This meeting report was contributed to Alzforum by Donna Wilcock, University of Kentucky, Lexington.

The International Society of Vascular Behavioral and Cognitive Disorders, aka VasCog, held its annual meeting in the beautiful city of Tokyo from September 16 to 19. Co-organized by Koji Abe of Okayama University, Japan, and Ken Nagata of the Research Institute for Brain and Blood Vessels, Akita, Japan, this conference spotlighted work being done in Japan and internationally to advance the understanding of vascular contributions to cognitive impairment and dementia (VCID). Many presentations focused on better diagnosis of post-stroke dementia, characterization of the dementia trajectories, and risk factor characterization for VCID. While a brief report cannot highlight all the work presented at this conference, some themes stood out and are highlighted below.

Scientific sessions opened with Sandra Black of Sunnybrook Research Institute, Toronto, who presented data on the venular network in the brain. Black reported that periventricular white-matter hyperintensities (WMH) are prevalent in the elderly. Given the density of veins close to the periventricular spaces, she hypothesizes that thickening venule walls in this region contribute significantly to the presence of WMHs. Thickening walls will also disrupt the periventricular clearance of solutes, such as Aβ. Along the lines of clearance, Roxana Carare of Southampton University, England, and her Ph.D. student Alan William Joe Morris reviewed the perivascular drainage pathways in the brain and potential mechanisms by which the process can be disrupted, leading to Aβ accumulation in the brain parenchyma and vessels. Aβ is known to accumulate along basement membranes of arteries, in between circular layers of smooth muscle cells. In addition, loss of perivascular cholinergic innervation appears to disrupt solute drainage, as does high fat diet administration in adult mice. Carare suggested that increasing perivascular drainage may have therapeutic potential.

Many presentations dealt with diagnosis and trajectory of post-stroke dementia. Olivier Godefroy of Amiens University Hospital, Salouel, France, investigated the prevalence of post-stroke dementia in hospitalized cohorts. By performing a meta-analysis, he found a 53.8 percent prevalence of post-stroke cognitive impairment across 11 cohorts; the post-stroke assessment period was between six months and two years depending on the individual study. Bonnie Yin Ka Lam of the University of Hong Kong studies differences between early onset (within a few months) and late-onset (many months later) post-stroke dementia. Presenting data on ApoE, with some PiB PET imaging, she reported that ApoE4 status was not associated with who develops dementia, and PiB retention was the same between people developing dementia and those who remained cognitively normal.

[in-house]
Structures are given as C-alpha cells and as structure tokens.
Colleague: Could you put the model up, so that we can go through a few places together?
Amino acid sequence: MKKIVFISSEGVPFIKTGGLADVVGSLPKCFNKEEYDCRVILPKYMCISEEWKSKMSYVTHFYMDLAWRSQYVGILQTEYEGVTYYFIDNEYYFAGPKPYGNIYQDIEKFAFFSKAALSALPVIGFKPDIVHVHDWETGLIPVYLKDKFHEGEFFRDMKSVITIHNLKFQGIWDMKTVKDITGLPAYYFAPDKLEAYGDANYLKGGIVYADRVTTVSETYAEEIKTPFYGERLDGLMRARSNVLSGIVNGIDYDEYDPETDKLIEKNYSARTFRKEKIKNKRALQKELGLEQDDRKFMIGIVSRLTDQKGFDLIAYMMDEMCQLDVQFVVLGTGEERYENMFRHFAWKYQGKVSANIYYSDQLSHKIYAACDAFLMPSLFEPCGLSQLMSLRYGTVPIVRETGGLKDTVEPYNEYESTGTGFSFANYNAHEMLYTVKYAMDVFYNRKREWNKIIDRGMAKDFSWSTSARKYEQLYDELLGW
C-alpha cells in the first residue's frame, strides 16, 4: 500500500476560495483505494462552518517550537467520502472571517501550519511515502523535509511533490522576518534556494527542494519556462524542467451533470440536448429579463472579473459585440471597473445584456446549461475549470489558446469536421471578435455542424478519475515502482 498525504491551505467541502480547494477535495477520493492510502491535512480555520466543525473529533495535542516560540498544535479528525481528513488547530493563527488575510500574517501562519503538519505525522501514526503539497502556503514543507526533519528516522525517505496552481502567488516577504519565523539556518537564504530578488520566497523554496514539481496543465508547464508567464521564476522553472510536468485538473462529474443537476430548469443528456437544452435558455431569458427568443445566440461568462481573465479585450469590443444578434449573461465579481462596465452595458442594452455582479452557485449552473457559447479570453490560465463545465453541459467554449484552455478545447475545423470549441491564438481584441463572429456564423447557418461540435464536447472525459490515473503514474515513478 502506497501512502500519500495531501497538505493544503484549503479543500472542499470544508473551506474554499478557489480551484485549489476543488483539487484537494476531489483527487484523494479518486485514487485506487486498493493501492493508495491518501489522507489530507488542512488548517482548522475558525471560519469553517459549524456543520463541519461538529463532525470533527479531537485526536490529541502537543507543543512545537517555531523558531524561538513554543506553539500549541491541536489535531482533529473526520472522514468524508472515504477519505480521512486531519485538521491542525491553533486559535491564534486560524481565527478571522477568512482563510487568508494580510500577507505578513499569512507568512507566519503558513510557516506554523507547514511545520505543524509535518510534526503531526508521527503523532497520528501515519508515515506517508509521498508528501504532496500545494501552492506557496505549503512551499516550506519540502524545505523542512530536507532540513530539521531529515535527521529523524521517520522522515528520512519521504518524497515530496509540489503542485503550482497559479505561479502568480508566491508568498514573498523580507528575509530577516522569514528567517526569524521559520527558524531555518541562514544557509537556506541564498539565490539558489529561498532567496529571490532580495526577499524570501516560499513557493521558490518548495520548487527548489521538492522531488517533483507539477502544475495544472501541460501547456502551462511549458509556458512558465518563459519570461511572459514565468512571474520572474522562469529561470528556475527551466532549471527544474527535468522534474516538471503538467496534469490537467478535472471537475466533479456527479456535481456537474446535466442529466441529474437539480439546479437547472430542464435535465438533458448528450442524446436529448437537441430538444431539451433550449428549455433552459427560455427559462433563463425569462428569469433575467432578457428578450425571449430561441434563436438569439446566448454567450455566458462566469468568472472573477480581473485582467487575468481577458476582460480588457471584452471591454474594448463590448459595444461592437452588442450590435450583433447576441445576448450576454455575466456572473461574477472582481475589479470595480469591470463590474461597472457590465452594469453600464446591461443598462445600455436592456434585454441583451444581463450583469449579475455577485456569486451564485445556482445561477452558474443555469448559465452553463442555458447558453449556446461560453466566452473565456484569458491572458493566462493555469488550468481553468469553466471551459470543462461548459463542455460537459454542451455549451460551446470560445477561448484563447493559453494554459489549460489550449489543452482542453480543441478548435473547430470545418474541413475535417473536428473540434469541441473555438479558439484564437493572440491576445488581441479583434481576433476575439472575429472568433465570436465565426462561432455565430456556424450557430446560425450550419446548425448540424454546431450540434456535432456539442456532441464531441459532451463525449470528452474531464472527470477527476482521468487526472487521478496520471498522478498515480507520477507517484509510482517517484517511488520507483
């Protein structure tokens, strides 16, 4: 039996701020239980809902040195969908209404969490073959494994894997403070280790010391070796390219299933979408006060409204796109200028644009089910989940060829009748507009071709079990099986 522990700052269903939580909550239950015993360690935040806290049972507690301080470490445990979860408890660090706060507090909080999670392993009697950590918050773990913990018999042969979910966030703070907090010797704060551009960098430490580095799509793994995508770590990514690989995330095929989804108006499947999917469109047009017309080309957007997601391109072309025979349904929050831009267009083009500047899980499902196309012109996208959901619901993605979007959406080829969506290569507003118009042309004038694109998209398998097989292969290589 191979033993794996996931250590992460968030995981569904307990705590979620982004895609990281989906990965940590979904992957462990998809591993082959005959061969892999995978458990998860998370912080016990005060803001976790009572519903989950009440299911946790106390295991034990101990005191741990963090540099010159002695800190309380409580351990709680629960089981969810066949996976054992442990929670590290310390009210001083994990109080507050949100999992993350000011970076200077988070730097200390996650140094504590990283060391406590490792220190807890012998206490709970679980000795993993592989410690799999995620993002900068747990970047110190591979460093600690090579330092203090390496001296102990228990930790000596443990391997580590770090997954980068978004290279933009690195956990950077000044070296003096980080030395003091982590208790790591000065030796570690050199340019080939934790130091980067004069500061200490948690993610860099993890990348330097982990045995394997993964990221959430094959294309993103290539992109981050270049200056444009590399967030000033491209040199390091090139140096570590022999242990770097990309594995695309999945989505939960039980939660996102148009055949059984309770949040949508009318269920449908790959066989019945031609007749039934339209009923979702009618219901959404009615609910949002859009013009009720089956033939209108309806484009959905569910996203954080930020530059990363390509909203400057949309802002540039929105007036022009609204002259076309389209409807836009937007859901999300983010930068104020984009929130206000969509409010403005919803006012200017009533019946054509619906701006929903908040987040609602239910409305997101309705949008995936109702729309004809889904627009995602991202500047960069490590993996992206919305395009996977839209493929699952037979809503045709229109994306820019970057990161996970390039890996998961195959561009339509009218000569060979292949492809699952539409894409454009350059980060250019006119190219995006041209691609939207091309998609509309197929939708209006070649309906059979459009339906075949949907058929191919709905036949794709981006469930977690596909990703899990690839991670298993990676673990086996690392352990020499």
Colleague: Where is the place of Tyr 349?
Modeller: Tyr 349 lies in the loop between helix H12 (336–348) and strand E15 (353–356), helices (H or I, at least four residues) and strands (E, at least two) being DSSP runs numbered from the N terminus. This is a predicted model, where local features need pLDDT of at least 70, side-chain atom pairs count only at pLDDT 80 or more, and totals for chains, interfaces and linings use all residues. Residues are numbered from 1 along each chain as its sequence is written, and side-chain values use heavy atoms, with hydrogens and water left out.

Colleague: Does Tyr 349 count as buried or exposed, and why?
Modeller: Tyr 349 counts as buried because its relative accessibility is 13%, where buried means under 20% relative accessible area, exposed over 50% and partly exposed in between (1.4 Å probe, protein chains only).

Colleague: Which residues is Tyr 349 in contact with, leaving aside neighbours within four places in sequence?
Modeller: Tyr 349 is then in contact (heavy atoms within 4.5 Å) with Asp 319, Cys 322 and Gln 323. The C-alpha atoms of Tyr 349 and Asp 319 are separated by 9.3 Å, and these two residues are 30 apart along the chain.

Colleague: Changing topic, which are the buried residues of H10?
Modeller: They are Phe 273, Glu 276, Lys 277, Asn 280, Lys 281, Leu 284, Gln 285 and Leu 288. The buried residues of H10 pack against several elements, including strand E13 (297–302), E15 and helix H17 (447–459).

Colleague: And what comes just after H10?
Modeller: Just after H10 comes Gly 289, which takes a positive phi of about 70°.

Koji Abe of Okayama University presented several talks describing the prevalence of white-matter hyperintensities and of dementia in stroke populations and elderly people with mild cognitive impairment. Abe showed that prevalence of WMH is age-dependent, with many over the age of 80 showing WMH. In people with post-stroke dementia, WMH are particularly striking and significantly increased, Abe said. Finally, WMH are more prevalent in individuals presenting with mild cognitive impairment.

Louise Marie Allen of Newcastle University in England presented on 355 stroke survivors in the Newcastle CogFAST (Cognitive Function After Stroke) study. Of these participants, 25 percent had some form of cognitive impairment without dementia three months after their stroke. By the first annual follow up, 13.7 percent of this group still had cognitive impairment without dementia, 9.6 percent had progressed to dementia, and the remainder had recovered. Over the first five-year follow up, the percentage with any form of cognitive impairment remained stable, however, transition from cognitive impairment without dementia to full dementia continued to increase year to year. Additionally, Allen noted that over the 10-year follow up, many participants transitioned between states of impairment, indicating that vascular cognitive impairment is variable and fluid.